3. Consent to Disclosure – Students have the right to provide consent to disclosure of personally identifiable information contained in the student’s education records, except to the extent that FERPA permits the University to disclose such information without the student’s consent. Exceptions that permit (but do not require) disclosure without consent include:
    1. To school officials with a legitimate education interest. A school official is a person employed by the University in an administrative, supervisory, academic or research, or support staff position (including law enforcement unit personnel and health staff); a person or company with whom the University has asked or contracted to provide institutional services and functions (such as an attorney, auditor, collection agent, contractor, consultant, or volunteer); such as a disciplinary or grievance committee, or assisting another school official in performing his or her tasks. A school official has a legitimate educational interest if the office needs to review an education record in order to fulfill his or her professional responsibility.
    2. To official of another school, upon request, in which a student seeks or intends to enroll. The student shall receive notification of the disclosure unless the student initiated the disclosure. Such a disclosure must relate to the student’s enrollment and transfer, but may include updating and correcting information after the transfer or enrollment is complete.
    3. To school officials or lending institutions, in connection with financial aid for which the student has applied or which the student has received, if the information is necessary in determining eligibility, amount, conditions for the aid or enforcing the terms and conditions of the aid.
    4. To organizations conducting studies for or on behalf of educational institutions.
    5. To accrediting organizations.
    6. To parents of dependent students if the student is a verified dependent for tax purposes under Internal Revenue Code 1986, Section 152.
    7. To parents of students under the age of 21 who have violated University policies related to alcohol or controlled substances.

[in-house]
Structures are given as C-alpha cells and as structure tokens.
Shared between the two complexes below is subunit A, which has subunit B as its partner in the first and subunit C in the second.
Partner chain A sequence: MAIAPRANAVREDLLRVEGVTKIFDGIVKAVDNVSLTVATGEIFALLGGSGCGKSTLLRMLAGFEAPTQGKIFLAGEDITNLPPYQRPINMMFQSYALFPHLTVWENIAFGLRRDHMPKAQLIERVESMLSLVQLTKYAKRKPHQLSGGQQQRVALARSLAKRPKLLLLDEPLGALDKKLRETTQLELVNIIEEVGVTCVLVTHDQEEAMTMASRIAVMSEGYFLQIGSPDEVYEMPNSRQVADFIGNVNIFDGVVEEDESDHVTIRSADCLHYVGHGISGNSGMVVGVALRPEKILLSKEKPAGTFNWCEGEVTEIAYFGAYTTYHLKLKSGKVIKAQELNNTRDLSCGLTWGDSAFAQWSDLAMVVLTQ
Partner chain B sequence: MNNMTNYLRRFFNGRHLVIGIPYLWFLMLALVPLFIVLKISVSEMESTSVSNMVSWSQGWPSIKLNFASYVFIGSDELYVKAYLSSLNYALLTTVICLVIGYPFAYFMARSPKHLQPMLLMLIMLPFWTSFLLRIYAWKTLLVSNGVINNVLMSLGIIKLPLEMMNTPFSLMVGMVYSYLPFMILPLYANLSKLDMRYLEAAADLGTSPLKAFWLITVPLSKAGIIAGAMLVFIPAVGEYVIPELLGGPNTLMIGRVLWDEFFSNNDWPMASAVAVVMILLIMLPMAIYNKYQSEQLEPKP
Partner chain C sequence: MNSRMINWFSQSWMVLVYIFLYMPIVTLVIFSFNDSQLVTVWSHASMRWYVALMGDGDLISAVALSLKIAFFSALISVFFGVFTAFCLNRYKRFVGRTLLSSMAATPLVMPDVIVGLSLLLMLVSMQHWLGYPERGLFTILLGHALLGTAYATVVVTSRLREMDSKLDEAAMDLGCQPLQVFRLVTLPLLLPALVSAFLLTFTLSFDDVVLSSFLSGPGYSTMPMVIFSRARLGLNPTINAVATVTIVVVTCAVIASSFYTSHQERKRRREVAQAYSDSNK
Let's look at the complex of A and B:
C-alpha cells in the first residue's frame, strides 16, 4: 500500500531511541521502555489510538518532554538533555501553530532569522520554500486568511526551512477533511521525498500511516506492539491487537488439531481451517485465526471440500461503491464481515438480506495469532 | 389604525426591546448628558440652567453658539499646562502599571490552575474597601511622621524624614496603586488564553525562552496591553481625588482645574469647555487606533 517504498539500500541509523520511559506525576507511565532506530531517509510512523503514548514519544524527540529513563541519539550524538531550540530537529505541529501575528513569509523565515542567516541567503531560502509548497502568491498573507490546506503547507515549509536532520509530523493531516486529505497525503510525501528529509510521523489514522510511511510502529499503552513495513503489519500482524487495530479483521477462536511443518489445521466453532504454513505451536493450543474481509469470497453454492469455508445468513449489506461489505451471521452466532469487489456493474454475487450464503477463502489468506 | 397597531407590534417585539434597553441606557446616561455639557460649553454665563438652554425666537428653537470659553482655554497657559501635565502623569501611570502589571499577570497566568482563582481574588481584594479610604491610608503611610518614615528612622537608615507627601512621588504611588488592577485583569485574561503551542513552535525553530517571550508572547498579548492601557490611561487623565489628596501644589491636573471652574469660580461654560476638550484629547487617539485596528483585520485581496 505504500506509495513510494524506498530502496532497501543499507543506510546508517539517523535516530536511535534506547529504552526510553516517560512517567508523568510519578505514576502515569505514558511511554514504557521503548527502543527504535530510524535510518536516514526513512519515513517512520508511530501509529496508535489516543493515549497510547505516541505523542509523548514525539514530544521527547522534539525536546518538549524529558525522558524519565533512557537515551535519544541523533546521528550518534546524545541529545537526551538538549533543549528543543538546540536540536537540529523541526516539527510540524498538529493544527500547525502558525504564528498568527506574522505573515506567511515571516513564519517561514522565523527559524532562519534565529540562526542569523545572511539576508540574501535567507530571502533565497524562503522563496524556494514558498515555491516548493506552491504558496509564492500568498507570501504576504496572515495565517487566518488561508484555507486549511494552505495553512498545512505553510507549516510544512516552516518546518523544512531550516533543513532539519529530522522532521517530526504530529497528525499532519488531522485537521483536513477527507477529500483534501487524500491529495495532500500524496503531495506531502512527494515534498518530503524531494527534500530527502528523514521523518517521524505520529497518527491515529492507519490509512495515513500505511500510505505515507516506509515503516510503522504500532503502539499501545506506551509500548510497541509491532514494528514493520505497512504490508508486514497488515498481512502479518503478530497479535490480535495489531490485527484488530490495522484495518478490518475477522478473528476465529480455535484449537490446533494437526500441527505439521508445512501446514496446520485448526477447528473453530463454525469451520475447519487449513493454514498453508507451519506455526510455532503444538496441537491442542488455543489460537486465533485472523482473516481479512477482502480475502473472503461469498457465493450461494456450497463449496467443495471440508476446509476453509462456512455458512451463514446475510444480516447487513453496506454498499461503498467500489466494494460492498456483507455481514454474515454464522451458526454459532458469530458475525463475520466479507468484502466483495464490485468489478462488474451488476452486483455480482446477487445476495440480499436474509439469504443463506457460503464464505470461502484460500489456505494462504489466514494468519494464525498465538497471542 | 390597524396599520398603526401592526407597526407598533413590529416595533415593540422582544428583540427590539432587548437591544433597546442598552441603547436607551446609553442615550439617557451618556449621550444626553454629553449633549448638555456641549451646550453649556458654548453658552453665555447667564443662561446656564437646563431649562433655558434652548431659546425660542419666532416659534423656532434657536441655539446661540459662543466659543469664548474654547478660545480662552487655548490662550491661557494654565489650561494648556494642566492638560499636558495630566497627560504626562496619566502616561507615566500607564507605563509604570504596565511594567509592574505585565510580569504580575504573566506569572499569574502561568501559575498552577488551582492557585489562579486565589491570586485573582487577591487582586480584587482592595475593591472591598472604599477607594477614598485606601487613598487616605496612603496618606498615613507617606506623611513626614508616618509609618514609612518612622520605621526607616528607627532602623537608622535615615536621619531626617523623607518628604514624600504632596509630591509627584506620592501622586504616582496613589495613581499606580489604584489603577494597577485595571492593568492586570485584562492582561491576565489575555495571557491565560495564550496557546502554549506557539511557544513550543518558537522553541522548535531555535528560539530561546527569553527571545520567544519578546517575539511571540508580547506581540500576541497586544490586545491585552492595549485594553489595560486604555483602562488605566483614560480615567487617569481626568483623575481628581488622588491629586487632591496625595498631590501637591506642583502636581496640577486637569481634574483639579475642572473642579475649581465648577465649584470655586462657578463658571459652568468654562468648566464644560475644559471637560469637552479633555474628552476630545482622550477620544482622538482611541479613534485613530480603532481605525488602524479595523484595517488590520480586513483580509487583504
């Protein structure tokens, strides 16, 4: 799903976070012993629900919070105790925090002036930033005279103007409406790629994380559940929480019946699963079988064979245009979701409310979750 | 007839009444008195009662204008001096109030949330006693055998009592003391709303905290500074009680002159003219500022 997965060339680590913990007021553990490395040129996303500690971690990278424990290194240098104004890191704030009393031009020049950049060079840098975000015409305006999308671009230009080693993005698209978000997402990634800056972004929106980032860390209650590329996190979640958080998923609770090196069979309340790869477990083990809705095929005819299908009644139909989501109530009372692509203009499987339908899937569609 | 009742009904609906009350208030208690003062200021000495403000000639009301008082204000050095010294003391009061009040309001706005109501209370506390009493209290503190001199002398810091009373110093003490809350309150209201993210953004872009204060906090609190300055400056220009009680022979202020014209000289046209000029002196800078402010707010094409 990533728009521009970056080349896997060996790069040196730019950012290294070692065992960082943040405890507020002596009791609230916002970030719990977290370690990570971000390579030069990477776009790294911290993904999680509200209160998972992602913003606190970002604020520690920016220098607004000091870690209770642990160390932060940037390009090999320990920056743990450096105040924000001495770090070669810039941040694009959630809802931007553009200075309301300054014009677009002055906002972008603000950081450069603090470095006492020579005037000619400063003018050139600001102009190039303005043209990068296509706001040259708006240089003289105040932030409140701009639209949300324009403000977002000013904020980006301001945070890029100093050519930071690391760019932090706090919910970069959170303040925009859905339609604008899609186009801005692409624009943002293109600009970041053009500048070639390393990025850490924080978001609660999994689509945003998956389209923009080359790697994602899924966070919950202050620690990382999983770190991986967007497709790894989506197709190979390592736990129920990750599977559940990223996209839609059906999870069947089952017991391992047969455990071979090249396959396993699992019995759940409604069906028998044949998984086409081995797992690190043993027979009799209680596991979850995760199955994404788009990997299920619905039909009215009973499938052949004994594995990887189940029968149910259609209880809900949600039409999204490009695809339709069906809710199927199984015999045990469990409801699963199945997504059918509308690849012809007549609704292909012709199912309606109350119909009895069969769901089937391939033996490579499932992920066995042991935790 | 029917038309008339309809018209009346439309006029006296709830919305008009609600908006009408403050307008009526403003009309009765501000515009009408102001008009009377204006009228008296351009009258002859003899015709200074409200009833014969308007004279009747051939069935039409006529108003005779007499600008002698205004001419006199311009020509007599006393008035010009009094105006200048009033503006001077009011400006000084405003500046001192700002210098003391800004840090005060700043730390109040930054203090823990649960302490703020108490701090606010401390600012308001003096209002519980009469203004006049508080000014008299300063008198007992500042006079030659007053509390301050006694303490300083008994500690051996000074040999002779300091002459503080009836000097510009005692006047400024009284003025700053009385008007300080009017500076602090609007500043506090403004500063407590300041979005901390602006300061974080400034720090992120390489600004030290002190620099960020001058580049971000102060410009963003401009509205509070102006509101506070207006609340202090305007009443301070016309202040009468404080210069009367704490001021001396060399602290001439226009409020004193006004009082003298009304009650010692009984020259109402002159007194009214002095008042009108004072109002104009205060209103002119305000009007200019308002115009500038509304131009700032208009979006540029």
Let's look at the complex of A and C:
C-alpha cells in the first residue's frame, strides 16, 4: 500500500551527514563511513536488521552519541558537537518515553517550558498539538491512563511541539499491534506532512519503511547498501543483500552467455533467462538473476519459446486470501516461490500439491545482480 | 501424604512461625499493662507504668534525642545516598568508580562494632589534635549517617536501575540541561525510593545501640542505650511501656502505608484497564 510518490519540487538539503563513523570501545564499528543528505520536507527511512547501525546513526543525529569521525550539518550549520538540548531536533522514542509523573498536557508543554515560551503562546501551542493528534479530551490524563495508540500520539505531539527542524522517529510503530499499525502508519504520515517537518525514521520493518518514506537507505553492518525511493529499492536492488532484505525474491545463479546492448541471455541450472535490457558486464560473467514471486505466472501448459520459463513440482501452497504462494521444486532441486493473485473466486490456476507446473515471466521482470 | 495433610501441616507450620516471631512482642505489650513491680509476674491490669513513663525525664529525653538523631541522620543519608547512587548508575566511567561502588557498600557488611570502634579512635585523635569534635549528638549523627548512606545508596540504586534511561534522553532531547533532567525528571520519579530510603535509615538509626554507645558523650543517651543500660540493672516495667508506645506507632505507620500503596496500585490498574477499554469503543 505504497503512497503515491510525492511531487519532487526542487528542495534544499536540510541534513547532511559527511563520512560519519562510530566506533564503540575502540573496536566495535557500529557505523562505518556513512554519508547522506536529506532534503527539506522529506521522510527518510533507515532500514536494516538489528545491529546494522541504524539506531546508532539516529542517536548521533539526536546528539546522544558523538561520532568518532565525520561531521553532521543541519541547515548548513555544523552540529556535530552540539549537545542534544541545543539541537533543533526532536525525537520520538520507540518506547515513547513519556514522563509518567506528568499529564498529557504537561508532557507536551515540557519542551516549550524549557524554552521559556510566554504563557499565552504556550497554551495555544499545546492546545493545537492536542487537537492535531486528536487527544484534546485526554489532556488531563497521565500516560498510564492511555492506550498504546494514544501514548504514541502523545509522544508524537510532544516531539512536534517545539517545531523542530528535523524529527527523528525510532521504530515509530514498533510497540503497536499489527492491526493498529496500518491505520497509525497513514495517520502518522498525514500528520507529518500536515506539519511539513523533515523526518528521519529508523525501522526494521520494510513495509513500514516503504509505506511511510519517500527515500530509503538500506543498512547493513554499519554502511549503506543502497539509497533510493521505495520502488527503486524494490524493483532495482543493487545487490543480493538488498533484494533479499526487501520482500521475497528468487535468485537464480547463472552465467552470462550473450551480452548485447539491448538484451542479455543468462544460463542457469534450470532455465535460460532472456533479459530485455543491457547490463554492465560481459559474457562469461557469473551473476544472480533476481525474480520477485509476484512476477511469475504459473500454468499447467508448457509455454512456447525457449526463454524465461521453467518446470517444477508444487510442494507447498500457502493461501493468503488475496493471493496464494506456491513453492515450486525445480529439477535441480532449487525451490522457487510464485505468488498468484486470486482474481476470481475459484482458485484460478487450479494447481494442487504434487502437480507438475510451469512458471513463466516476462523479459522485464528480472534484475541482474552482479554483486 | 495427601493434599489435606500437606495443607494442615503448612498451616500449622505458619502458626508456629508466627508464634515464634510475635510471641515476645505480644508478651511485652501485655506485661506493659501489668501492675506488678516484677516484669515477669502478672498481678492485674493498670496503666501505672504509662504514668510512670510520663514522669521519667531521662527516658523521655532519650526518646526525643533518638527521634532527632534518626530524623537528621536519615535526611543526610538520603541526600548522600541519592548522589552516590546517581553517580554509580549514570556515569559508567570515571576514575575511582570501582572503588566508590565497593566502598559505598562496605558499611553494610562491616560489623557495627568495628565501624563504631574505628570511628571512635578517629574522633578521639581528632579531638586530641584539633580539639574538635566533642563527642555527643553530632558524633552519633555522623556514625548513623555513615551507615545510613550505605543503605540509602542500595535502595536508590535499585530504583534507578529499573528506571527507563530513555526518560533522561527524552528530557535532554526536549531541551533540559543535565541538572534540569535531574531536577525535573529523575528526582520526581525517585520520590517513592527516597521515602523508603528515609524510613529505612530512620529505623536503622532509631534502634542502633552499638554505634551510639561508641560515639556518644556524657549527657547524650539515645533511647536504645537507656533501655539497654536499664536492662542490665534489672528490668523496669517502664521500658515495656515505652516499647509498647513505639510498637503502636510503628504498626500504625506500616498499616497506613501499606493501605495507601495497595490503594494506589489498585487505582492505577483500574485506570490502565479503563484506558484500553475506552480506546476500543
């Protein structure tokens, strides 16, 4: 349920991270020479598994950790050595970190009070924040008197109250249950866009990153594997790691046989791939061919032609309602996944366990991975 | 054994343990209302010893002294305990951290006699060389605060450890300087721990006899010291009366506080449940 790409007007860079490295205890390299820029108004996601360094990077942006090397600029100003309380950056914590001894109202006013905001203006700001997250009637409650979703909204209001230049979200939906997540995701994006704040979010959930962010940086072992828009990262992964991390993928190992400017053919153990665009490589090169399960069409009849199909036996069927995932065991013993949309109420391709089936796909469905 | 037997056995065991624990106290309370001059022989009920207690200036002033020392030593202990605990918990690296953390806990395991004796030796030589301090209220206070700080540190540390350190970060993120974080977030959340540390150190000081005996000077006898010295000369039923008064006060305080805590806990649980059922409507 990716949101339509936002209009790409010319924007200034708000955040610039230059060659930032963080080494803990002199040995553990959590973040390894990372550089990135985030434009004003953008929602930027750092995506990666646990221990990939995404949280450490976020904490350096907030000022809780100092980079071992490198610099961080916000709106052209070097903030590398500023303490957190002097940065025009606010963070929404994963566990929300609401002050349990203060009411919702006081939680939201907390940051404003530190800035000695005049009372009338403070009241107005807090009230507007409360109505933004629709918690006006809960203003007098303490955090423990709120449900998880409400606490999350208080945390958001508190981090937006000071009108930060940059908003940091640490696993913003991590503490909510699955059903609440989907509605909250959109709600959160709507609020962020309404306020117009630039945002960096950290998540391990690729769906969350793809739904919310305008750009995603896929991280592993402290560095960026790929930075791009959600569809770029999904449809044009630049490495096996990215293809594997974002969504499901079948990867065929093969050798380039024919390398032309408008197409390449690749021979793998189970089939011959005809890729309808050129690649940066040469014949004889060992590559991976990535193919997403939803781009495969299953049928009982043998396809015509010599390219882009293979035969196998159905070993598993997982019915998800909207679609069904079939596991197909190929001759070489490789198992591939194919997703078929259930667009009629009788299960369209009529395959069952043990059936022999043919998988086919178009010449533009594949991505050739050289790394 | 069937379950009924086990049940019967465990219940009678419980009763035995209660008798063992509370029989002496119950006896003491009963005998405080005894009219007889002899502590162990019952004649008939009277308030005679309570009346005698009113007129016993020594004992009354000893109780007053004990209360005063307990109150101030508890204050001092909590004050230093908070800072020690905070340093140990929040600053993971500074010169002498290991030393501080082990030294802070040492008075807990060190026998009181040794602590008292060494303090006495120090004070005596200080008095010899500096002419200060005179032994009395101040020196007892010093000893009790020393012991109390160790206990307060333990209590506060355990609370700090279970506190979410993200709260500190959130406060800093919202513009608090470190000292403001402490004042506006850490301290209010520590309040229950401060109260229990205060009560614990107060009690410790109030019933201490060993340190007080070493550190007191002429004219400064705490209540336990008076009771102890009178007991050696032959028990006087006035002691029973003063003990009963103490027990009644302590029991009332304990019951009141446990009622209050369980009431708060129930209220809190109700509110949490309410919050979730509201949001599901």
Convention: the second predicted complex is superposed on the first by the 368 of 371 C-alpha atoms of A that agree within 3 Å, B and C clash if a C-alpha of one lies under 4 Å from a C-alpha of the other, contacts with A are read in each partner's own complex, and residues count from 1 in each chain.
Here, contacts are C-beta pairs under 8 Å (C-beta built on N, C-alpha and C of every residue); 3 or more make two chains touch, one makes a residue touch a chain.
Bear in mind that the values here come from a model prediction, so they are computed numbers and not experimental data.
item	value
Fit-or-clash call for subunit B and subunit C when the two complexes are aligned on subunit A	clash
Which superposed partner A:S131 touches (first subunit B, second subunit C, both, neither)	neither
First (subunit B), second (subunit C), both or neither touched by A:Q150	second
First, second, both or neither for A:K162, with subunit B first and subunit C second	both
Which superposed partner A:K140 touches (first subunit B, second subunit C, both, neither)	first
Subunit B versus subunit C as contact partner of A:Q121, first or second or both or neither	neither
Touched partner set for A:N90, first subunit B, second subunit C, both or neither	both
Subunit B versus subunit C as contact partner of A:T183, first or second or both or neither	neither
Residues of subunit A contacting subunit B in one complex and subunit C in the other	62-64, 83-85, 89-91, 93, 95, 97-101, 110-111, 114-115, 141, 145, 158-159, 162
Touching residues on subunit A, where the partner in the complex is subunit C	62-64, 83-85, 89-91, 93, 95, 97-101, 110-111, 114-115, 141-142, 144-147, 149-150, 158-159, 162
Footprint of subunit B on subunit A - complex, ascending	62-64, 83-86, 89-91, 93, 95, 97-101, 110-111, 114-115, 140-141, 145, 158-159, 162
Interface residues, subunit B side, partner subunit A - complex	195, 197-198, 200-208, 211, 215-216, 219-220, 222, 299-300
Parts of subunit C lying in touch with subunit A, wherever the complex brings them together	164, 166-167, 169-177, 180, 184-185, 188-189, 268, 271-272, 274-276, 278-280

8. To provide final results of disciplinary proceedings against a student who is an alleged perpetrator of a violent crime (18 U.S.C. § 16) or non-forcible sex offense, if the University finds that the student committed a violation of the University’s rules or policies. The University may also disclose information to a victim of an alleged crime of violence or non-forcible sex offense regardless of whether the violation was proven under the University’s rules and policies.
    9. To persons whose knowledge is necessary to protect the health and safety of the student or other individuals.  This requires the University to determine that there is an articulable and significant threat to the health and safety of a student or other individuals.
    10. To comply with a lawfully issued subpoena or court order.
    11. Information the University has designated as “Directory Information”, unless a hold has been placed upon the release of information by the student.  The following information is considered to be directory information and may be disclosed by the University for any purpose, at its discretion: Name, classification, identification number, major field of study, dates of attendance, full-time or part-time status, and degree(s) conferred (including dates).
    12. Currently enrolled students may withhold disclosure of “Directory Information”. To withhold disclosures, written notification must be received in the Vice President for Administrative Services Office within 12 calendar days from the first day of a session.  Forms requesting the withholding of “Directory Information” are available on the University’s website under ‘Forms & Publications’.  Amberton University assumes that failure on the part of any student to specifically request the withholding of categories of “Directory Information” indicates approval for disclosure.
    13. File a Complaint – The right to file a complaint with the U.S. Department of Education concerning alleged failures by the University to comply with the requirements of FERPA.  The name and address of the office that administers FERPA is:
      Family Policy Compliance Office
      U.S. Department of Education
      400 Maryland Avenue SW
      Washington, DC 20202-5920

Student Grievance and Appeal